Published: NoSpherA2

Our NoSpherA2 paper has just been published in Chemical Science

Our paper about refinement using non-spherical form factors has just been published in the RSC’s flagship journal Chemical Science – take a look here: Download PaperPaper

NoSpherA2 – the part of Olex2 that generates the non-spherical form factors – is now also fully functioning and present in all versions of Olex2-1.3.

The section below is a very basic summary of what this is about; this is a kind of ‘press release’ to the full paper, where you

Introduction to refinement using non-sphrical form factors

Knowledge of the exact location of the atoms in a molecule or ionic material is an essential prerequisite to the understanding of chemical reactivity and properties.

X-ray crystallography has served very well for over half a century now in providing just this information, and the presence of a crystal structure is often – rightly – seen as absolute proof of the nature of a material.

At the very heart of X-ray crystallography lies the interaction of X-rays with the electrons in the crystalline material, which gives rise to the diffraction we can measure during the experiment.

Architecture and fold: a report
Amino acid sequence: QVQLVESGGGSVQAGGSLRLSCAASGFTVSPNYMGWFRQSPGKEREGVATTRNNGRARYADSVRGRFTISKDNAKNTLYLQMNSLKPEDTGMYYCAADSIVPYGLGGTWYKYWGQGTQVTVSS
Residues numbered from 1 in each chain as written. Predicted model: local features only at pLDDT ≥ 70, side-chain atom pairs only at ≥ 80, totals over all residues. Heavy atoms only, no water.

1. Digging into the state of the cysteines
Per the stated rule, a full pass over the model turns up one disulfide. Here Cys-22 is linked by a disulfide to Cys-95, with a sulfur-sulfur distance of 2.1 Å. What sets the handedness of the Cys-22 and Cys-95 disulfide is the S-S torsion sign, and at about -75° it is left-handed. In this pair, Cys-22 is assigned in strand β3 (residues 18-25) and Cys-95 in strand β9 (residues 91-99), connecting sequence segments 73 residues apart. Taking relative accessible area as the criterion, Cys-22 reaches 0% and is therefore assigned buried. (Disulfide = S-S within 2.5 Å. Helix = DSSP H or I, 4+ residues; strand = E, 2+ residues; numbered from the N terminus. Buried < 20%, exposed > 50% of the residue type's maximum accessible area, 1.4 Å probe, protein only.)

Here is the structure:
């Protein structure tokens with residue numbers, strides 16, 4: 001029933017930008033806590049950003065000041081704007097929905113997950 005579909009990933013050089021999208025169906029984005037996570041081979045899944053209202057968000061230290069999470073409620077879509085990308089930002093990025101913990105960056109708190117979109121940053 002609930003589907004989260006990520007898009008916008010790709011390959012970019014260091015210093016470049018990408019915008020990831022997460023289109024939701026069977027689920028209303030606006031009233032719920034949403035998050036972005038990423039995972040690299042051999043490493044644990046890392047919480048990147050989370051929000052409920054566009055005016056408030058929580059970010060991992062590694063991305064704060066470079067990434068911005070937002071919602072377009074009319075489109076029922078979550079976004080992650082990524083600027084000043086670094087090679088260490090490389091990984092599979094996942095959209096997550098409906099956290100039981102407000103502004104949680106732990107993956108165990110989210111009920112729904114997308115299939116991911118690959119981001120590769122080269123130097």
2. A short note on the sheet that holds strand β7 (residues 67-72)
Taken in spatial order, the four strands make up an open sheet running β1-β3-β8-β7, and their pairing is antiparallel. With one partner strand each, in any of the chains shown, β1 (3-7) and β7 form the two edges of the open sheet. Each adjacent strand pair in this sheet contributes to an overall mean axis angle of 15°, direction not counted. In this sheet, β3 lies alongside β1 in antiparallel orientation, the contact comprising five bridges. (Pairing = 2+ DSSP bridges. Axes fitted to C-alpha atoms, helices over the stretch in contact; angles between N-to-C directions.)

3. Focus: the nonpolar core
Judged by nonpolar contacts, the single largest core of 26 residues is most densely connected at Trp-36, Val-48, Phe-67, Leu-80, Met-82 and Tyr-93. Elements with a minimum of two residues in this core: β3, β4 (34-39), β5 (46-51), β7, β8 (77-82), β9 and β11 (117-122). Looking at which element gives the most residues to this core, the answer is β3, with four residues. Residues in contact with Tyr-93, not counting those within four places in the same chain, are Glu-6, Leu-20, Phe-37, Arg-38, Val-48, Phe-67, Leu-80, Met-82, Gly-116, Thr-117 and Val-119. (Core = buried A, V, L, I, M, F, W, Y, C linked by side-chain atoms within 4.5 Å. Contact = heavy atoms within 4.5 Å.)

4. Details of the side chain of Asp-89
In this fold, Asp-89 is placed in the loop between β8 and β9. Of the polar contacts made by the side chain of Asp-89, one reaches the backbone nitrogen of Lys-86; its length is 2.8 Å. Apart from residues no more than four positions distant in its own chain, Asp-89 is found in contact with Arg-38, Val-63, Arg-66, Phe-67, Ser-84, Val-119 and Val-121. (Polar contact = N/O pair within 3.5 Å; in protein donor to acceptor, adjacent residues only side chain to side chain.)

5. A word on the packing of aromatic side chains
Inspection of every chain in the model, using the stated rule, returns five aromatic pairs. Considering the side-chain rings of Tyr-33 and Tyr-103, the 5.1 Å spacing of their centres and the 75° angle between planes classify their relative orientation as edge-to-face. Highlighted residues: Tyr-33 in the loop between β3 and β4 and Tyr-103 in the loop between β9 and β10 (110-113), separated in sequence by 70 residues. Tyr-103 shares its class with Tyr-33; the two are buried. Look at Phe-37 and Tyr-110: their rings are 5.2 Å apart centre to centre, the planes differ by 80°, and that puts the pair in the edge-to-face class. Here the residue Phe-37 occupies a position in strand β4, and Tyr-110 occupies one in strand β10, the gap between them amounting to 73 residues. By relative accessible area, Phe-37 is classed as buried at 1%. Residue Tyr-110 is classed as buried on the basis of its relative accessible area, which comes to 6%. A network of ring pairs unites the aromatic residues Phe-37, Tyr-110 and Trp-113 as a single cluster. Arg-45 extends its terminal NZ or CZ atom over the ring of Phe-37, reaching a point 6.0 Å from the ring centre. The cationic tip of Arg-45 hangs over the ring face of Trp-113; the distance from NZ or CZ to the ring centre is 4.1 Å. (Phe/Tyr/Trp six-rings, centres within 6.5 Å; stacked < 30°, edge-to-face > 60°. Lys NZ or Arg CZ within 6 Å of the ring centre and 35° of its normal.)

There is a simple relationship: more electrons give rise to more diffraction – and this is where we hit a snag: the positions of hydrogen atoms, so central in the understanding of the reactivity and properties of any material, can be very hard to locate in their true position. The single electron inevitably takes part in bonding and thereby diminishes its ability to interact with X-rays even further. If a hydrogen atom is located close to a very heavy element – a metal, for example – then it may be impossible to infer its true location from X-ray diffraction altogether.

This problem is so prevalent, that the location of almost all hydrogen atoms in the Cambridge Structural Database has not actually been determined as such, but these atoms have simply been added to structures in their calculated geometrically sensible positions – and while this is fully understood by most crystallographers, this fact is rarely discussed or in the chemical community.

And yet, the coordinates of X-ray structures are very often and in good faith used as the starting point for further discussions and quantum mechanical property calculations and the results are then taken at face value.

But without reliable knowledge of the true positions of all atoms in a structure, such results may simply be wrong.

Here we introduce a way to obtain true hydrogen atom positions with nothing more than routine X-ray diffraction data and standard desktop computing facilities – using the free and open-source software described in this paper.

The concept is simple and not at all new: what we are doing here is what has been proposed right from the beginnings of crystallographic refinement, but it was impossible to implement then and – for lack of computing power – it was necessary to introduce a simplification that has, curiously, remained in place to the day: the spherical atomic form factor, which results when atoms in a molecule are treated as completely independent of each other.